The oral polio vaccine (OPV) AIDS hypothesis posits that the AIDS pandemic originated from live polio vaccines prepared in chimpanzee tissue cultures and then administered to up to one million Africans between 1957 and 1960 in experimental mass vaccination campaigns.
Albert Bruce Sabin was a Polish American medical researcher, best known for developing the oral polio vaccine, which has played a key role in nearly eradicating the disease.
Herald Rea Cox (1907–1986) was an American bacteriologist. The bacterial family Coxiellaceae and the genus Coxiella, which include the organism that causes Q fever, are named after him.
Cutter Laboratories was a family-owned pharmaceutical company located in Berkeley, California, founded by Edward Ahern Cutter in 1897. Cutter's early products included anthrax vaccine, hog cholera virus, and anti-hog cholera serum—and eventually a hog cholera vaccine. The hog cholera vaccine was the first tissue culture vaccine, human or veterinary, ever produced. The company expanded considerably during World War II as a consequence of government contracts for blood plasma and penicillin. After Edward Cutter's death, his three sons—Dr. Robert K. Cutter (president), Edward "Ted" A. Cutter, Jr. (vice-president), and Frederick A. Cutter—ran the company. In the next generation Robert's son David followed his father as president of the company. The Bayer pharmaceutical company bought Cutter Laboratories in 1974.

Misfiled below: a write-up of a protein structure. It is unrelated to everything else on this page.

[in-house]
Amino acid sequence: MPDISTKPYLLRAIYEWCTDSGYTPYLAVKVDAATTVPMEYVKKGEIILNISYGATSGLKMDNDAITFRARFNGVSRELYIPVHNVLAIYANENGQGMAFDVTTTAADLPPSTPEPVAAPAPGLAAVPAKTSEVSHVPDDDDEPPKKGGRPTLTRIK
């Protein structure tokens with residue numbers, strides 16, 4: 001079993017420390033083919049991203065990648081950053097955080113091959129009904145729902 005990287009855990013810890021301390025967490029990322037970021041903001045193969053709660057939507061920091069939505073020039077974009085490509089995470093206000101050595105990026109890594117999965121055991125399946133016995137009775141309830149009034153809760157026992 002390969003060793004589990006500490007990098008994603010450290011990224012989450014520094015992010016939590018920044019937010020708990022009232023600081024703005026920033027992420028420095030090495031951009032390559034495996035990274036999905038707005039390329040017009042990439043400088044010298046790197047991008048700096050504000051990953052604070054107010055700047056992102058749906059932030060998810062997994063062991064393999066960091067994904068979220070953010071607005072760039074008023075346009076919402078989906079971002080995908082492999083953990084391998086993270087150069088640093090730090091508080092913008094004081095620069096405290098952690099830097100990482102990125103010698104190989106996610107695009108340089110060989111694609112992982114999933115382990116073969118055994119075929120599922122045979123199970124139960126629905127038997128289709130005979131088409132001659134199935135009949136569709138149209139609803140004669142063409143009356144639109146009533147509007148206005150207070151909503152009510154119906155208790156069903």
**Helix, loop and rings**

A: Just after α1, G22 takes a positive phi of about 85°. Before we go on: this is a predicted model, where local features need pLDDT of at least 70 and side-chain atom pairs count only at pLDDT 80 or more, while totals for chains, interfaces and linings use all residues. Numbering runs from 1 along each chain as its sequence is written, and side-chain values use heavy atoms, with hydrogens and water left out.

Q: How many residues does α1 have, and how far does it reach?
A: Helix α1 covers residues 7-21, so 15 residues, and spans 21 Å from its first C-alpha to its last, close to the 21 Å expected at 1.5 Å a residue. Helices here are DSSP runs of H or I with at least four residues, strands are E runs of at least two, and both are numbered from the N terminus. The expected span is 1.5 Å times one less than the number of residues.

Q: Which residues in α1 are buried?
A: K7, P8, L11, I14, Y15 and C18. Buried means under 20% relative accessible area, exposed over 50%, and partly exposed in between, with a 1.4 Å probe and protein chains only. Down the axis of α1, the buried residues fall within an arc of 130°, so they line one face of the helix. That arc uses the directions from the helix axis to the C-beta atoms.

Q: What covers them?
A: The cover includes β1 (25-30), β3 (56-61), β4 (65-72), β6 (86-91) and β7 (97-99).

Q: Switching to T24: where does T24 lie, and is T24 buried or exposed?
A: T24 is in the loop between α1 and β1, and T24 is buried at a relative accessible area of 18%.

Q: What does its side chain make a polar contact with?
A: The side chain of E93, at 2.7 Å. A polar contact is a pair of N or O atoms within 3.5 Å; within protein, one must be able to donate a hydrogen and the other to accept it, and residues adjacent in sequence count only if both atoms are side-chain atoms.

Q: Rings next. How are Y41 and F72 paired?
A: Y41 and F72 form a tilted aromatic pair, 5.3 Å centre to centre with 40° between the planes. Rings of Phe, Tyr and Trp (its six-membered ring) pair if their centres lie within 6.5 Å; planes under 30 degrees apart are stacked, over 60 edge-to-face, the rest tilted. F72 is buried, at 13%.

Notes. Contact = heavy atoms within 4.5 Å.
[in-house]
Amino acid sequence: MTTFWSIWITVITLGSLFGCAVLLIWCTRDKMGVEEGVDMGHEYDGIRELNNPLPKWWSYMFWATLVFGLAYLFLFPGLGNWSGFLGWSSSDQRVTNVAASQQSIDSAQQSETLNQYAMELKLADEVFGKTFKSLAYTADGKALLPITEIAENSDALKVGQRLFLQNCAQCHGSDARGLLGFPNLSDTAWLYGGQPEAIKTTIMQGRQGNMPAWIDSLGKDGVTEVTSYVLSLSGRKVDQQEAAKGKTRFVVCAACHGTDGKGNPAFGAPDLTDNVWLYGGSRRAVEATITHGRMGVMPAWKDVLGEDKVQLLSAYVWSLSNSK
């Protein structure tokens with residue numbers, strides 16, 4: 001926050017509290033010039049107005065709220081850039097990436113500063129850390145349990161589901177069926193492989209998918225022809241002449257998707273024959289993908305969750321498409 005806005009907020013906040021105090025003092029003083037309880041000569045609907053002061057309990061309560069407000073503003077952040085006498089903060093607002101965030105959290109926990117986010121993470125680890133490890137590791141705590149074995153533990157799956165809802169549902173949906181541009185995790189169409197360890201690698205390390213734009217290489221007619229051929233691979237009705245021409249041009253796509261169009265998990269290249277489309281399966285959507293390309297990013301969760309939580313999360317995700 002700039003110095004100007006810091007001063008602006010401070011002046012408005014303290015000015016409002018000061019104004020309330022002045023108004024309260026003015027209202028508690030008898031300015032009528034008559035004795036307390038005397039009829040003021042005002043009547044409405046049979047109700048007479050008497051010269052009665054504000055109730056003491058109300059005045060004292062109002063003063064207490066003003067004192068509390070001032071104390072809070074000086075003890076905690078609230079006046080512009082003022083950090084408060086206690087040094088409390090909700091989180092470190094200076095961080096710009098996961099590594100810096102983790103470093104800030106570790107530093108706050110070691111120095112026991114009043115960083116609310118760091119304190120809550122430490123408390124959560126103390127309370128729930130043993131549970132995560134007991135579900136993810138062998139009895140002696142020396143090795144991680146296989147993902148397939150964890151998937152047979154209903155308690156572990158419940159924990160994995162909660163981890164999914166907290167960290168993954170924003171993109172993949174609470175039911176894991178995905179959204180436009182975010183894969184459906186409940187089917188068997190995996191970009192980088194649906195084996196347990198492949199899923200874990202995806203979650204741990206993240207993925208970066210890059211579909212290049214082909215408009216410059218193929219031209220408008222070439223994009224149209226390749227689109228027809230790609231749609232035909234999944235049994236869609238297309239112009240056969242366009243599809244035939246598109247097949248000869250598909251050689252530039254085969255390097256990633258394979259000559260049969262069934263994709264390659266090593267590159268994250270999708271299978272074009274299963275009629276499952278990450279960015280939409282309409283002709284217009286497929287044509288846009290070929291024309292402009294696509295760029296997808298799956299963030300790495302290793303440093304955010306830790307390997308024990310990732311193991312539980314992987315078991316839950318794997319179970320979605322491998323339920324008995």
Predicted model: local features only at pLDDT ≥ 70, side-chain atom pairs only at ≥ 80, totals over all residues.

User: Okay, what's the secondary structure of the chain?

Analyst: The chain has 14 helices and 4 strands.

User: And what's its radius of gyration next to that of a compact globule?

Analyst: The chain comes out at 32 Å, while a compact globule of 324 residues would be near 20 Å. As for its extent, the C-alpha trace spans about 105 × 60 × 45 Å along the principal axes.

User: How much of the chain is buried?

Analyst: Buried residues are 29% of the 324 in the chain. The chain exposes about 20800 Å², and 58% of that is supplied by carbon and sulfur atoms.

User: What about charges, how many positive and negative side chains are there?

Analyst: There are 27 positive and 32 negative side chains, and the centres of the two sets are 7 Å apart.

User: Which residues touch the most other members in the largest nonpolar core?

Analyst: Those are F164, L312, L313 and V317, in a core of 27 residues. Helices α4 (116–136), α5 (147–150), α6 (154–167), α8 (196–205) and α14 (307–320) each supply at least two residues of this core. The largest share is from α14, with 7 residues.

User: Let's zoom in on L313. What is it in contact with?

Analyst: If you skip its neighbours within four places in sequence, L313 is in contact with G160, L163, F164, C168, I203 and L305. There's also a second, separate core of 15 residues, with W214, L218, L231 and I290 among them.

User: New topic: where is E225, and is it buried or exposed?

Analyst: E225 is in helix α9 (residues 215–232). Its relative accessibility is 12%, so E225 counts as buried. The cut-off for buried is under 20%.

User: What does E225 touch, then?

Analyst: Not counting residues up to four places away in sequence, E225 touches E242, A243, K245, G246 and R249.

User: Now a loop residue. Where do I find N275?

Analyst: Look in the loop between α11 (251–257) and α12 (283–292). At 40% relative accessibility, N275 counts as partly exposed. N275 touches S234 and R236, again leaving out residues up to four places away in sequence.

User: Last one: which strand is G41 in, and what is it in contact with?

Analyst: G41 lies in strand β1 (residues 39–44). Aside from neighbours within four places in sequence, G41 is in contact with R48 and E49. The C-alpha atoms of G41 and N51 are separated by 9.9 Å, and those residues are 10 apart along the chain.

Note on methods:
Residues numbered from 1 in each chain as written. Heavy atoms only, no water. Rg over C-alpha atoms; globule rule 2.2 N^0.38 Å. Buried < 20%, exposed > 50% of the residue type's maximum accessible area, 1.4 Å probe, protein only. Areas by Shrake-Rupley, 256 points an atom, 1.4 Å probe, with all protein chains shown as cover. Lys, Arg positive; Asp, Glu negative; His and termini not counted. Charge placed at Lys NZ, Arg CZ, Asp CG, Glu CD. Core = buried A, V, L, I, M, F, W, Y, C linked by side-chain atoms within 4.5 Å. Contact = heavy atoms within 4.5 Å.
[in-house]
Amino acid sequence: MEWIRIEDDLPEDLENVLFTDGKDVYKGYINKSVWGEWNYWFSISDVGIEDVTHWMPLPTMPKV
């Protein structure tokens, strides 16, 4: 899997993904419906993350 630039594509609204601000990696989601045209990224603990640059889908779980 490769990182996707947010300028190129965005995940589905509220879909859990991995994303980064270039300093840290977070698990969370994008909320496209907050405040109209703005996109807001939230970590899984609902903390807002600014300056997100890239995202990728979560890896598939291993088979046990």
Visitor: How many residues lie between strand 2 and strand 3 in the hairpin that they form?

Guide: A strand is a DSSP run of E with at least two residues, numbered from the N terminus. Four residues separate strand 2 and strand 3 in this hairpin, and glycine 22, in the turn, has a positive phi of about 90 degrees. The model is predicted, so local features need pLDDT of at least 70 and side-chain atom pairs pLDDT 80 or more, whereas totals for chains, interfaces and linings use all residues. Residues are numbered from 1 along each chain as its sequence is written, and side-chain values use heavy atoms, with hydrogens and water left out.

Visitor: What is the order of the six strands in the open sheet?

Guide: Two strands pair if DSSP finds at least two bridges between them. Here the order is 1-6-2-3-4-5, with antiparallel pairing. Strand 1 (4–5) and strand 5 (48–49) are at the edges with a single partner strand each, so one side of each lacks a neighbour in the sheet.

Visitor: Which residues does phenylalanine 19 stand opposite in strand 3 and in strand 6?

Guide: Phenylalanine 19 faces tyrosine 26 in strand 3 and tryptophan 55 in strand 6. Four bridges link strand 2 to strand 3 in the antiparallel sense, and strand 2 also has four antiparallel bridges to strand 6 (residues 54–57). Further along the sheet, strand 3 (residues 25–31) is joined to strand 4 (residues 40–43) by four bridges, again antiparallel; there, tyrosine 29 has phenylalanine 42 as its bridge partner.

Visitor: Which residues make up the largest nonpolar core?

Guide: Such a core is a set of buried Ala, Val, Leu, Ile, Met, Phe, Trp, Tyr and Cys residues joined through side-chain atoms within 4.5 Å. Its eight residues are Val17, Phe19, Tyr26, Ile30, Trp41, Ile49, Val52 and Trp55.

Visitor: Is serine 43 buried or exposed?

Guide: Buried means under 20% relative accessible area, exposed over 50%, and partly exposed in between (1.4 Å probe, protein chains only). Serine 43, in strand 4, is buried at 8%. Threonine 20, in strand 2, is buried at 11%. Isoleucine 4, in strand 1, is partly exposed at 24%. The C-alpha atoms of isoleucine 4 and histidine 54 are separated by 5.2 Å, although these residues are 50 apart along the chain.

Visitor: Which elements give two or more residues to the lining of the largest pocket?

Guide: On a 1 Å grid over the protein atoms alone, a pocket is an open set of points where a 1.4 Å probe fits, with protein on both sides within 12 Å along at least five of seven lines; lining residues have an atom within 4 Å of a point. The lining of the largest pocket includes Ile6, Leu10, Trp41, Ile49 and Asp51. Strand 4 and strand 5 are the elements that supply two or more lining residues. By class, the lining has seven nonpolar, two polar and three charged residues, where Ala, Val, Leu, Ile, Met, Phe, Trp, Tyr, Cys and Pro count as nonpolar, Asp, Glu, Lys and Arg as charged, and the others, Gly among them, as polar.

A public health effort to permanently eliminate all cases of poliomyelitis (polio) infection around the world began in 1988, led by the World Health Organization (WHO), the United Nations Children's Fund (UNICEF) and the Rotary Foundation. These organizations, along with the U.S. Centers for Disease Control and Prevention (CDC) and The Gates Foundation, have spearheaded the campaign through the Global Polio Eradication Initiative (GPEI), which helps to coordinate vaccination campaigns, environmental monitoring, evaluation of possible polio cases and logistics. Successful eradication of infectious diseases has been achieved twice before, with smallpox and bovine rinderpest.